Why Students Should Insist On Remote Test Proctoring

Proctors Speak Up For Students And Stop Cheaters

For most students, tests are stressful. When you add potential worries about technology such as losing an internet connection or software glitches, taking tests remotely can feel even more stressful. That can be true. At the same time, some students think that online proctoring—the remote monitoring of test sessions—can add even more test pressure. That has influenced some students to resist remote online test proctoring. But that would be a mistake. In fact, rather than resist remote proctoring, students should insist on it.

Most people think of online test proctoring as just a way to prevent cheating or catch those who try it anyway. It’s possible that they transfer that anti-cheating purpose into a belief that proctors have a “gotcha” mindset, looking to catch and turn in students for misconduct. And while proctoring has repeatedly been proven to reduce incidents of cheating, it’s an error to think of it that way alone.

What is overlooked about online proctoring, and why students should insist on it, is that proctors are much more than cheating cops—they are independent observers. Trained proctors, when combined with a video record of an online test, can verify strange, unexpected, or unfair circumstances that can negatively impact a test-taker. The untold truth is that our proctors speak up for students almost as frequently as they act to stop cheating.

How Remote Test Proctors Can Help

Let me give you an example or two.

When a student was taking a key online final exam for an important college class recently, her cat jumped onto her desk and walked across her keyboard, accidentally hitting the enter keys to submit her test even though she was only about 40% complete. Because her test was proctored by a live proctor and recorded, the cat was clearly visible and the "feline final incident" was observed in real time. The proctor filed a report with the professor and asked that the student be allowed to test again, which she did.

A different student taking an online test was having unusual and unexpected trouble keeping their wireless connection, which kept cutting in and out. The glitchy connection meant the student wasn’t able to answer the questions in time and managed to get only about 25% of the questions answered within the time limit. Again, the proctor notified the processor of the issue and the student re-took the test on campus, on the school’s more reliable network.

At times too, many students request and receive special test accommodations for numerous reasons, including learning needs. Proctors regularly ensure that those accommodations are offered as they should be. When it happens that those arrangements aren’t available or offered correctly, again, it’s very helpful that an unbiased proctor be able to attest to it, to be sure students get what they need and deserve.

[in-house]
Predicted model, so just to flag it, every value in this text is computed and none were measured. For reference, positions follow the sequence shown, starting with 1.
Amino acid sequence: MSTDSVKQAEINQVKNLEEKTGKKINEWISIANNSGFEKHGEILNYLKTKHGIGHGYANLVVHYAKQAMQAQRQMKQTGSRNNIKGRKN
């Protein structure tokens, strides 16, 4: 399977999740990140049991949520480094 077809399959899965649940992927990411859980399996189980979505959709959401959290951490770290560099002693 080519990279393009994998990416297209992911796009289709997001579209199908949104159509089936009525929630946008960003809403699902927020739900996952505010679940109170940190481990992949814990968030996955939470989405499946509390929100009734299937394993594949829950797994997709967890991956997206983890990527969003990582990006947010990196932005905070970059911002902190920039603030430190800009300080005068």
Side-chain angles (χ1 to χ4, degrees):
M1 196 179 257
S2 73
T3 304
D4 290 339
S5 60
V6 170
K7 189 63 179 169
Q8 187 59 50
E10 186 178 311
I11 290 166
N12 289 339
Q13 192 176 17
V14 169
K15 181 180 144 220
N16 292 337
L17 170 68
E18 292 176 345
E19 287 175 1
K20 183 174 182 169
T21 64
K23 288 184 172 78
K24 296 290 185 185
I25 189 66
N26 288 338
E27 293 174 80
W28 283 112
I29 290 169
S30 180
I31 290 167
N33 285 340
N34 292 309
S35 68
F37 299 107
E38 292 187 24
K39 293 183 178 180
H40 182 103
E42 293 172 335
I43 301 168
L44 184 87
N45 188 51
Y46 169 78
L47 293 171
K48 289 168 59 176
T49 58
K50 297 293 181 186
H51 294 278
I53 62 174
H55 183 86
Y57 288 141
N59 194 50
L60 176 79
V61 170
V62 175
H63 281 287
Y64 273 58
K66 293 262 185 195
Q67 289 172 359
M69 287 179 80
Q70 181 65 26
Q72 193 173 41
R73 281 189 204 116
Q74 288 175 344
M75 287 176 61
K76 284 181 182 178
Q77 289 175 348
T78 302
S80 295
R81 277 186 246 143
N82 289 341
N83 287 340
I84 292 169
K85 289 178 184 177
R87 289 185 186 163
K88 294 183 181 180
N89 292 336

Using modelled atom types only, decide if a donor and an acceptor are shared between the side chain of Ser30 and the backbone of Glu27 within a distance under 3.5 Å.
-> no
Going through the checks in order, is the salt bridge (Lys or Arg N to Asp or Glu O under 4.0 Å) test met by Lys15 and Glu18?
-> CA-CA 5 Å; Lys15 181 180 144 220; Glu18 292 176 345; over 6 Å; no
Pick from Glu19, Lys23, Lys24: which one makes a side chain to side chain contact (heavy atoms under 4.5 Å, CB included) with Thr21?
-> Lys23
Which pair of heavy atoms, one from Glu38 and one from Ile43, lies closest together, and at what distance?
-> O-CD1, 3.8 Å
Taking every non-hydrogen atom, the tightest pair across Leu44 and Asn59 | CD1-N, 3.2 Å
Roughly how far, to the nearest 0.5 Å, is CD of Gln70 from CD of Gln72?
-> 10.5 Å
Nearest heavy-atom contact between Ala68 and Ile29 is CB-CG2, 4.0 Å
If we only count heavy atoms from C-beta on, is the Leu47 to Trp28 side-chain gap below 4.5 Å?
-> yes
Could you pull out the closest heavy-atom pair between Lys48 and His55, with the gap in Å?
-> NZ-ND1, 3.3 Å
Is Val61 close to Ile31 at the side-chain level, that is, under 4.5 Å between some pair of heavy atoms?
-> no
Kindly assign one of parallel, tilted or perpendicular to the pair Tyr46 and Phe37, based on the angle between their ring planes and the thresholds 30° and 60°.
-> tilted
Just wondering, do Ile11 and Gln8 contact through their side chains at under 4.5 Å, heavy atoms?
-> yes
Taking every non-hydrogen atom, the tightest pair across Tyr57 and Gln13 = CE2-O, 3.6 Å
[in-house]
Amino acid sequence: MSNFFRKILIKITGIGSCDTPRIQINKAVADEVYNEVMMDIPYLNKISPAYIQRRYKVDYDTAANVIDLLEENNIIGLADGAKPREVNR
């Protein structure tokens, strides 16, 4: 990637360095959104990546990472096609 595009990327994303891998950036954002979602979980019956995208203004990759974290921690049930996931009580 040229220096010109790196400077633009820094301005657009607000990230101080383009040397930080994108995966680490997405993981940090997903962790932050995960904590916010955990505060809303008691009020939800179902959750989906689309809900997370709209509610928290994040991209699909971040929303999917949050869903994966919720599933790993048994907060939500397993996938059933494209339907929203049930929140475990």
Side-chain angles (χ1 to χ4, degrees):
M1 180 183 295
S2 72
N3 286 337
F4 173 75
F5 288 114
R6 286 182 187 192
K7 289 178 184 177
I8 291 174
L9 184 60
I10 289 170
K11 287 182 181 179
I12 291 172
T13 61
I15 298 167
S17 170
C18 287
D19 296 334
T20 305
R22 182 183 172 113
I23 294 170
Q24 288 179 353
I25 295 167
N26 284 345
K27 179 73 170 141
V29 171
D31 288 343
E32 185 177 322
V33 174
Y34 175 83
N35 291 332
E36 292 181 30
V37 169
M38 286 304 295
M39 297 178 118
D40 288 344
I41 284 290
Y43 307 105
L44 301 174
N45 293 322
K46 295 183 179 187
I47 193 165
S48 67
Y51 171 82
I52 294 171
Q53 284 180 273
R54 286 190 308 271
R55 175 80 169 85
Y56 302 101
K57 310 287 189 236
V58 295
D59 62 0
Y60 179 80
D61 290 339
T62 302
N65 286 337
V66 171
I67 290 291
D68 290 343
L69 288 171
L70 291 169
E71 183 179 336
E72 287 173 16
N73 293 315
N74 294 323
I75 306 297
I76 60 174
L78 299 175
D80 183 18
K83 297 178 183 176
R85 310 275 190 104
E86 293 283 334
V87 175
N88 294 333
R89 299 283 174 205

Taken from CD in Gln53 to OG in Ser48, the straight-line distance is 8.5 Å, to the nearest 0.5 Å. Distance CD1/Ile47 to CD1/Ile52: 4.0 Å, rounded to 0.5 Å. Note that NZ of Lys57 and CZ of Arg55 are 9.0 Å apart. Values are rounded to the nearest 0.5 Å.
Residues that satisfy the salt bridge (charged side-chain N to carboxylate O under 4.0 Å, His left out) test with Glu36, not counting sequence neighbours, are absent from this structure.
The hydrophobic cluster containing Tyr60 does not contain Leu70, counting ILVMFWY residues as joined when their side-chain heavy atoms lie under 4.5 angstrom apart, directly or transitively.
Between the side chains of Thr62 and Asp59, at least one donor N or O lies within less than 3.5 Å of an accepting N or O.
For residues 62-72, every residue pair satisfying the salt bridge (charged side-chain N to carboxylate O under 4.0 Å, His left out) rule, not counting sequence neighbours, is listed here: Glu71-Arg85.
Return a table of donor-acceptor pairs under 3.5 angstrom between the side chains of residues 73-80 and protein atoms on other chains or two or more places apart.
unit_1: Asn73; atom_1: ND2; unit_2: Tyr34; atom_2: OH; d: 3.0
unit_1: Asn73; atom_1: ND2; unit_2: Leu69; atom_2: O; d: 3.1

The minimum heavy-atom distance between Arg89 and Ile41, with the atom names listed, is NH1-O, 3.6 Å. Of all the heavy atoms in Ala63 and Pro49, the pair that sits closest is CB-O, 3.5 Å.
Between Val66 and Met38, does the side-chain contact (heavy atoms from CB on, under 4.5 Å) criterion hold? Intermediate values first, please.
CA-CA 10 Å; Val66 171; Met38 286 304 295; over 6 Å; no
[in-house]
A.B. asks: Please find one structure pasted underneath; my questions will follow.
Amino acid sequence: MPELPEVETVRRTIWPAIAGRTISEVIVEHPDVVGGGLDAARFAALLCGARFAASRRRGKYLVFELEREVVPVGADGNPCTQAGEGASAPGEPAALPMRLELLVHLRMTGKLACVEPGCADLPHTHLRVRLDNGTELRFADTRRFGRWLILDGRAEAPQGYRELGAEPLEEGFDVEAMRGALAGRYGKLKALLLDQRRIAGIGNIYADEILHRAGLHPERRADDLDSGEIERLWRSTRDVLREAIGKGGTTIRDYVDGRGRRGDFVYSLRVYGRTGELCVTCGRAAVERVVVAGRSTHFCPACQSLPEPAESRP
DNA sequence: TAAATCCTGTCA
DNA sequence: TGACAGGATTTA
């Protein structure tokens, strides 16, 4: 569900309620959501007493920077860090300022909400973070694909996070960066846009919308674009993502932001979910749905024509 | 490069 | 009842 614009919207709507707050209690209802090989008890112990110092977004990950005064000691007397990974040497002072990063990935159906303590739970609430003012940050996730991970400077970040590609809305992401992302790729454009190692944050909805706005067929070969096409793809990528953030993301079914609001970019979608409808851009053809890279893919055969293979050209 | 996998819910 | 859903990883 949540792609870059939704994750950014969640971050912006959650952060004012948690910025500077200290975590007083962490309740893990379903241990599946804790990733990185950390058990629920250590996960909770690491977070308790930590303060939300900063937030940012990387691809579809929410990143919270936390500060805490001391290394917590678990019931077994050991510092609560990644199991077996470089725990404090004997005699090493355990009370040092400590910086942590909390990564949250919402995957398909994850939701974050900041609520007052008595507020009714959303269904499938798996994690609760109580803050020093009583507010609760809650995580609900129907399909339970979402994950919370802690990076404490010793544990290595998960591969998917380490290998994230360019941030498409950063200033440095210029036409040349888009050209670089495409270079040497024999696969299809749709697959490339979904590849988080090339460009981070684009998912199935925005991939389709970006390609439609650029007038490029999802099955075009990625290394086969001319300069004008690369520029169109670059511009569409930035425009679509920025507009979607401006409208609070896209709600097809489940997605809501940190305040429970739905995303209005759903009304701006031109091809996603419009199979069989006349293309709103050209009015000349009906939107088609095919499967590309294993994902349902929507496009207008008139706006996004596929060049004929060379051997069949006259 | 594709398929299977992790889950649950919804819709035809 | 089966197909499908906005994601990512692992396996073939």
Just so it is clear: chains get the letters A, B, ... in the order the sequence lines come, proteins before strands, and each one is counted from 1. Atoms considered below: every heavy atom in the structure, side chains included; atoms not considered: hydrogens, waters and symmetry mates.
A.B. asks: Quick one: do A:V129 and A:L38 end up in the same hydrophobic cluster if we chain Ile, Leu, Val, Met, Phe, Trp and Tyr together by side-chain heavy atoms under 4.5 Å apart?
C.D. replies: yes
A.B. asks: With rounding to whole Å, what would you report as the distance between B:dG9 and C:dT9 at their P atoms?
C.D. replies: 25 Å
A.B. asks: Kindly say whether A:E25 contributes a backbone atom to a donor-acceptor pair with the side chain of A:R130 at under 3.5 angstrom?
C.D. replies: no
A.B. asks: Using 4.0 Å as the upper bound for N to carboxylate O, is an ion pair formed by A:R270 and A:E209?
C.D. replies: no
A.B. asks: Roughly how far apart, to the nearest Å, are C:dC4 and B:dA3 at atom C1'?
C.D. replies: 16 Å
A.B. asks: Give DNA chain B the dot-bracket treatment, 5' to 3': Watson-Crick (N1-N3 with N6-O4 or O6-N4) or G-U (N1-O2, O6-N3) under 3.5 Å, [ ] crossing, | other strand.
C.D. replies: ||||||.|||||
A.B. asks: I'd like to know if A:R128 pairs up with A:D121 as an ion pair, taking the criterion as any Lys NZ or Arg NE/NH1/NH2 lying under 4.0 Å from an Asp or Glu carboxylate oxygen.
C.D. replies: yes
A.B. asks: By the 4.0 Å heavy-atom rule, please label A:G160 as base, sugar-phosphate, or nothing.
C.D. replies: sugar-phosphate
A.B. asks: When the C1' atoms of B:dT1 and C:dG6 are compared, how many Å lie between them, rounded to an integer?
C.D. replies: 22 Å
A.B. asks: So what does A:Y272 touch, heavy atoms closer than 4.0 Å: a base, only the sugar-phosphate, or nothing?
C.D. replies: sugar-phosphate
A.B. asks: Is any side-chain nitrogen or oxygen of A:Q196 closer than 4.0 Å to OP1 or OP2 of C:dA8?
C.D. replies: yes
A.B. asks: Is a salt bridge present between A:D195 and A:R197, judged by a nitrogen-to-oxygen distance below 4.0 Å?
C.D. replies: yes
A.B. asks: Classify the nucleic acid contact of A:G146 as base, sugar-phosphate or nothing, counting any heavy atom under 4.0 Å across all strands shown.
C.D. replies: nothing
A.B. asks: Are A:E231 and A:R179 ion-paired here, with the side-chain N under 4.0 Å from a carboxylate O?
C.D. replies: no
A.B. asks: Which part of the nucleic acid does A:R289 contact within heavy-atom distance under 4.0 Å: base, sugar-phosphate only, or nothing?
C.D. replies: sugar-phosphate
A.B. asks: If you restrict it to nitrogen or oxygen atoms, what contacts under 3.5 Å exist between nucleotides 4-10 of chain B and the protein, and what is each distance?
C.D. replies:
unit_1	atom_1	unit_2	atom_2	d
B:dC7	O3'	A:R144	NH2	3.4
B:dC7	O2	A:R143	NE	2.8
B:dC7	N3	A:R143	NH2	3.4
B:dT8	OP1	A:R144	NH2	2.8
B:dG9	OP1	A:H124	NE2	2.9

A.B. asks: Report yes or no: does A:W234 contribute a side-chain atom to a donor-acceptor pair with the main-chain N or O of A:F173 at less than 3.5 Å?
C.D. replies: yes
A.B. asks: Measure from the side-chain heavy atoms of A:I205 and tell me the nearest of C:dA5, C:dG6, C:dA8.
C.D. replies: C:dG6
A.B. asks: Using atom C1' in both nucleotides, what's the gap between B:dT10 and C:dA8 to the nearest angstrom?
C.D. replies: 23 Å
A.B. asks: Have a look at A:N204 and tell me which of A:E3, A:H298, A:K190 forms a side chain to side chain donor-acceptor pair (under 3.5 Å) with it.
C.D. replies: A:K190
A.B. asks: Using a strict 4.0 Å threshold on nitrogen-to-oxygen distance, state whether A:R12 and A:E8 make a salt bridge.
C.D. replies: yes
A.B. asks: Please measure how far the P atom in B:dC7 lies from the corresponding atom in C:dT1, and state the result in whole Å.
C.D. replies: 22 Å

Even though it never gets reported, proctors have spoken up for students in similar circumstances tens of thousands of times. And should something like that happen to you during a test, explaining it and asking for consideration is unquestionably easier with a proctor’s report confirming what they saw while providing video evidence. Since that’s the case, students may be ahead to think of proctoring as test insurance—something you will be very glad you had if something goes awry.

Fundamental Fairness

Another powerful reason that students should insist that their online tests be proctored is fundamental fairness. We all know that some students take shortcuts or outright try to cheat. When they do, they can score better than the honest students who did not. That’s simply unfair.

Parents and teachers used to say that cheaters only cheat themselves. And that’s true. If you cheat, you don’t learn; you only learn to cheat. If you’re paying for a college education, for example, not learning anything makes that a poor investment. But the deeper truth is that when others cheat they cheat you too, especially if a professor “curves” test results, effectively punishing students who don’t score as well as those who scored better by cheating.

When scholarships, graduate school admissions or recommendations, career licenses and certifications, and job placements relate to academic achievement, cheaters are actually cheating those who don’t. As such, honest students who study should insist that every effort be made to limit the cheating of others to be sure that grades are based on actual performance. As mentioned, proctoring clearly does that.

No matter how much someone studies, testing is rarely going to be easy or stress-free, especially if those tests are high-value or highly competitive. But rather than see remote test proctoring as adding stress, students may be better off thinking of it as reassuring, a necessary system that can protect their interests and guarantee the value of their hard work.